thumb200pxLeo Jogiches as he appeared in 1910 Although an intelligent person and dedicated revolutionary socialist thinker, Jogiches was virtually incapable of converting his ideas into written words: "the mere thought of putting his ideas on paper paralyzes him," Luxemburg later recalled.Ettinger, "Comrade and Lover," pg. 133. Consequently, the chief contribution of Jogiches was that of literary stimulant to the skilled publicist Luxemburg as well as behind-the-scenes organizer of the fledgling underground political party that he had helped to establish. As Luxemburg grew in fame as a Marxist theoretician, Jogiches became gradually more embittered about his life, until by his mid-30s, he had come, as one Luxemburg biographer phrased it, to have "fully realized the gap between his youthful aspirations and the disillusionments of reality."The words are those of Elzbieta Ettinger. See: Ettinger, "Comrade and Lover," pg. 135. Interpersonal conflict followed, exacerbated by the different trajectories of personal achievement, with the pair permanently separating in 1907.Ettinger, "Comrade and Lover," pg. 135.
The Spartacus League led the failed German Revolution of 1918/1919 after which Luxemburg and Liebknecht were killed by the right-wing paramilitary Freikorps troops. Jogiches was killed in Moabit prison in Berlin on the 10 March 1919, probably because he was investigating the assassination of Luxemburg and Liebknecht.
"A Letter from Prison to Sophie Liebknecht," Mike Jones, trans. New Interventions, vol. 9, no 2. Originally published in Internationale wissenschaftliche Korrespondenz zur Geschichte der deutschen Arbeiterbewegung, vol. 33, no 1 (March 1997), pp. 100-102.
George Adler, Peter Hudis, and Annelies Laschitza (eds.), The Letters of Rosa Luxemburg. London: Verso, 2011.
Elzbieta Ettinger, "Comrade and Lover: Rosa Luxemberg's Letters to Leo Jogiches," New German Critique, whole no. 17, (Spring 1979), pp. 129â€“142. In JSTOR
Elzbieta Ettinger (ed.), Comrade and Lover: Rosa Luxemburg's Letters to Leo Jogiches. Cambridge, MA: MIT Press, 1979.
Elzbieta Ettinger, Rosa Luxemburg: A Life. Boston, MA: Beacon Press, 1986.
Cesi Kellinger, "Rosa Luxemburg and Leo Jogiches," Monthly Review, vol. 25, no. 6 (Nov. 1973), pp. 48â€“56.
Ottokar Luban, The Role of the Spartacist Group after 9 November 1918 and the Formation of the KPD, in: Ralf Hoffrogge and Norman LaPorte (eds.), Weimar Communism as Mass Movement 1918-1933, London: Lawrence & Wishart, 2017, pp. 45â€“65.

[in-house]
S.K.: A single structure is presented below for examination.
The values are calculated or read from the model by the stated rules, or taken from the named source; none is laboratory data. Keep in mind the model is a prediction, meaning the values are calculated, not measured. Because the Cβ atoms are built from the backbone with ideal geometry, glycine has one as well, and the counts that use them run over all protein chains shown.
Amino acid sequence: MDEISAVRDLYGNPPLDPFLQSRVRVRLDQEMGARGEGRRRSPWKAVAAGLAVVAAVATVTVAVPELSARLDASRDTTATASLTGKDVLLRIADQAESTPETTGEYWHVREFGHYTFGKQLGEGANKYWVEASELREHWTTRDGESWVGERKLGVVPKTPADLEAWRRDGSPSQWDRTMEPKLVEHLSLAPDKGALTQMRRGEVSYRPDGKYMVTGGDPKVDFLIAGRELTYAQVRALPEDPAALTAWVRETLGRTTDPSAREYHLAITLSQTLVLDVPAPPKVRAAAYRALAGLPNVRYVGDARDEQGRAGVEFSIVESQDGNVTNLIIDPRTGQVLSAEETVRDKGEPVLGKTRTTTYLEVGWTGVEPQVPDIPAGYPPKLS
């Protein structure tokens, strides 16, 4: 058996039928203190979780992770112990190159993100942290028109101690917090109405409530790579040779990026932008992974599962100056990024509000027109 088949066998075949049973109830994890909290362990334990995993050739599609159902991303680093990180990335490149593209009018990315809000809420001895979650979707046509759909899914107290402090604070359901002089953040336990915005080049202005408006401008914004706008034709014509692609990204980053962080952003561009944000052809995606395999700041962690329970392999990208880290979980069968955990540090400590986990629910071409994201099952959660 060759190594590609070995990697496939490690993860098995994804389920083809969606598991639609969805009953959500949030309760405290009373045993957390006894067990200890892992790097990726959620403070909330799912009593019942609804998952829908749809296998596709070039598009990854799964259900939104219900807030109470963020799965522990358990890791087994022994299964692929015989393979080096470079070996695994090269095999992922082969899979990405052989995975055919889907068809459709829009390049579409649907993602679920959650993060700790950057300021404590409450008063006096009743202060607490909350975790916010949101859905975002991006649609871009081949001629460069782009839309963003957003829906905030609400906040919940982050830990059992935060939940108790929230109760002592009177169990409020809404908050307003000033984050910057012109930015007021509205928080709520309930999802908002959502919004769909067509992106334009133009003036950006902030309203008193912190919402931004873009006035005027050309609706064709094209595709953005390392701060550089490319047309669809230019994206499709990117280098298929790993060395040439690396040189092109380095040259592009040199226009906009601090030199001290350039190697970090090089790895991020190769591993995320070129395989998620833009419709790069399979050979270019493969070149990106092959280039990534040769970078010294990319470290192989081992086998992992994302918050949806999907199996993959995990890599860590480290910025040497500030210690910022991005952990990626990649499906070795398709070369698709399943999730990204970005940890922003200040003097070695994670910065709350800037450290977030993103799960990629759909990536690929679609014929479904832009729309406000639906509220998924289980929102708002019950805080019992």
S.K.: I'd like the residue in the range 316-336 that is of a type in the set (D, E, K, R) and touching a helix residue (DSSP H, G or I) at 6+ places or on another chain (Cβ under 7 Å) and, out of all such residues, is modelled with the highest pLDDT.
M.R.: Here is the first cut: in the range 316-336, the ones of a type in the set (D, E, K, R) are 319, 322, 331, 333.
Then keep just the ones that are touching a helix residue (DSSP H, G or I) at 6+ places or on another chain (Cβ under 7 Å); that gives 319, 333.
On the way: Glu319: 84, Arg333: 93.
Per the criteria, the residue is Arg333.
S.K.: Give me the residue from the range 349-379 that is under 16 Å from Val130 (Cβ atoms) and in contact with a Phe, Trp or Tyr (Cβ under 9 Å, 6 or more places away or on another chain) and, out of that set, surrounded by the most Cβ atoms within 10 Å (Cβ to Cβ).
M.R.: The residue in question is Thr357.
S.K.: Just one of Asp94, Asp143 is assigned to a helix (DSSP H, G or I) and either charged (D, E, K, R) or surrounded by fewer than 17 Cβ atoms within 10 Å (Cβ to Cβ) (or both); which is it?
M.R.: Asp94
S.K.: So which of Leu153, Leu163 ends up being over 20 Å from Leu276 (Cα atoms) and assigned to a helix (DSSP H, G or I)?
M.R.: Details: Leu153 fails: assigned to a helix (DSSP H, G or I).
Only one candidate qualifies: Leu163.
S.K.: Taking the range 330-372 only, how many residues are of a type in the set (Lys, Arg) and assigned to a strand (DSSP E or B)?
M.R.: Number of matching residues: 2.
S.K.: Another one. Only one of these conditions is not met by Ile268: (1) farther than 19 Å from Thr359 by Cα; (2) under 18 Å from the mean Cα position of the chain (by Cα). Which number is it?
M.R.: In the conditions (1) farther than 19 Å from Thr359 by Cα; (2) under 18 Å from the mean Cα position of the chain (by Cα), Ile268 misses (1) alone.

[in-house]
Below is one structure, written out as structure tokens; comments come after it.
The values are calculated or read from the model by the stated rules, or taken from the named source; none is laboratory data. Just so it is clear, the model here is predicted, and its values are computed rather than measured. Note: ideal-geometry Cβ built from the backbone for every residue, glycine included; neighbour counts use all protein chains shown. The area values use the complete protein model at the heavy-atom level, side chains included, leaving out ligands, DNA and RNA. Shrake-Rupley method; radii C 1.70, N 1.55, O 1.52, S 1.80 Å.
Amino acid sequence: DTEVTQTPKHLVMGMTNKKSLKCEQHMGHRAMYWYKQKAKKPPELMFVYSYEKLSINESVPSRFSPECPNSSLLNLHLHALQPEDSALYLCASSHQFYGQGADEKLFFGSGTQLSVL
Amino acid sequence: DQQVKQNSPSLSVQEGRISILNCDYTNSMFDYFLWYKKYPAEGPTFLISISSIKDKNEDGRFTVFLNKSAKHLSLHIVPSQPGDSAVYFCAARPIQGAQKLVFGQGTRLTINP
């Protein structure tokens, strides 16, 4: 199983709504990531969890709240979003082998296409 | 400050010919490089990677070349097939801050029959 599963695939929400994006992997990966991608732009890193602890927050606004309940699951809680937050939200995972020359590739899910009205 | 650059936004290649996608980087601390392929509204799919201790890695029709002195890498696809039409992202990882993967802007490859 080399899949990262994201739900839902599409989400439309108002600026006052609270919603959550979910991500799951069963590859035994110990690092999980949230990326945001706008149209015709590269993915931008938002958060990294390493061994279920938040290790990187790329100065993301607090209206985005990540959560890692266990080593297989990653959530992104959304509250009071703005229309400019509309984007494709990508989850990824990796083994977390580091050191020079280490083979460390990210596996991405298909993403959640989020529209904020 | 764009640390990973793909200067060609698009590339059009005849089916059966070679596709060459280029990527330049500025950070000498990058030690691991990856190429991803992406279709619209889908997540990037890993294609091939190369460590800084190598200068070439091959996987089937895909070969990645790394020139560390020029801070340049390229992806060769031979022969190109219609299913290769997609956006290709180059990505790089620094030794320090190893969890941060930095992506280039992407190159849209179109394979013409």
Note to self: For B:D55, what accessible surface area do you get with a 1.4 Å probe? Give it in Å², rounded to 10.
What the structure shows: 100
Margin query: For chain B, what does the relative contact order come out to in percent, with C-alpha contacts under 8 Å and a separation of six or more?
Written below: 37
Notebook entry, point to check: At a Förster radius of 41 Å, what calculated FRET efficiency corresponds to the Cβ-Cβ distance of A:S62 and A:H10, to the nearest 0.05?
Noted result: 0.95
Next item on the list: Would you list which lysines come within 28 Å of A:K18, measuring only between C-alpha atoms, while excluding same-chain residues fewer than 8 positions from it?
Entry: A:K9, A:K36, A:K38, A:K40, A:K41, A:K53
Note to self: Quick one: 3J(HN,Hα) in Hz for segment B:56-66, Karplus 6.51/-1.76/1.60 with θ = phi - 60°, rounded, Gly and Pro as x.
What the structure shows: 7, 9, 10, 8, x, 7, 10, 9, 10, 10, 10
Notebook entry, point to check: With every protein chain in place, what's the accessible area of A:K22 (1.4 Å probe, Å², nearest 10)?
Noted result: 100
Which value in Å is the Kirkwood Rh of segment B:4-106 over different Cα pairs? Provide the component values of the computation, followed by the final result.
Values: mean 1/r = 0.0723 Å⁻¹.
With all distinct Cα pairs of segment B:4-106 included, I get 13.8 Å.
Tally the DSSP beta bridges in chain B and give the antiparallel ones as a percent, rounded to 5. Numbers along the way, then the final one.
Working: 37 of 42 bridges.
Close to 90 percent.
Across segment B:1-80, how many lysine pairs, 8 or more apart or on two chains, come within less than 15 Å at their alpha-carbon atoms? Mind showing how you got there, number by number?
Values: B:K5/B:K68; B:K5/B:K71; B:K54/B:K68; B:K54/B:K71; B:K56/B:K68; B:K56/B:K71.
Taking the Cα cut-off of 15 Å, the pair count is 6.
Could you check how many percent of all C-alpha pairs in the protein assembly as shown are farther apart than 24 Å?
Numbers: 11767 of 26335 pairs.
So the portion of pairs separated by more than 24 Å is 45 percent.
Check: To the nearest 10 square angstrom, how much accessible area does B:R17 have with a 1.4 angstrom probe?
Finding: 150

J. P. Nettl, Rosa Luxemburg. In Two Volumes. London: Oxford University Press, 1966.
Maria Seidemann, Rosa Luxemburg und Leo Jogiches: Die Lieben in den Zeiten der Revolution (Rosa Luxemburg and Leo Jogiches: Love in the Time of Revolution). Berlin: Rowohlt, 1998.
Eric D. Weitz, Creating German Communism, 1890-1990: From Popular Protests to Socialist State. Princeton, NJ: Princeton University Press, 1997.
Eric D. Weitz, "'Rosa Luxemburg Belongs to Us!' German Communism and the Luxemburg Legacy," Central European History, vol. 27, no. 1 (1994), pp. 27â€“64.
Grigory Zinoviev, "New Crime of the German 'Social-Democratic Government," The Communist International, vol. 1, no. 1 (April 1919). â€”Radio address following the 1919 murder of Jogiches.
Leo Jogiches, A Letter from Prison, 7 September 1918.
Category:1867 births Category:1919 deaths Category:Politicians from Vilnius Category:People from Vilensky Uyezd Category:Social Democracy of the Kingdom of Poland and Lithuania politicians Category:Social Democratic Party of Germany politicians Category:Independent Social Democratic Party politicians Category:Communist Party of Germany politicians Category:Polish revolutionaries Category:German revolutionaries Category:Assassinated Polish politicians Category:Assassinated German politicians Category:Assassinated Jews Category:People murdered in Berlin Category:Jewish Polish politicians Category:Jewish German politicians Category:Jewish Lithuanian politicians Category:Jewish socialists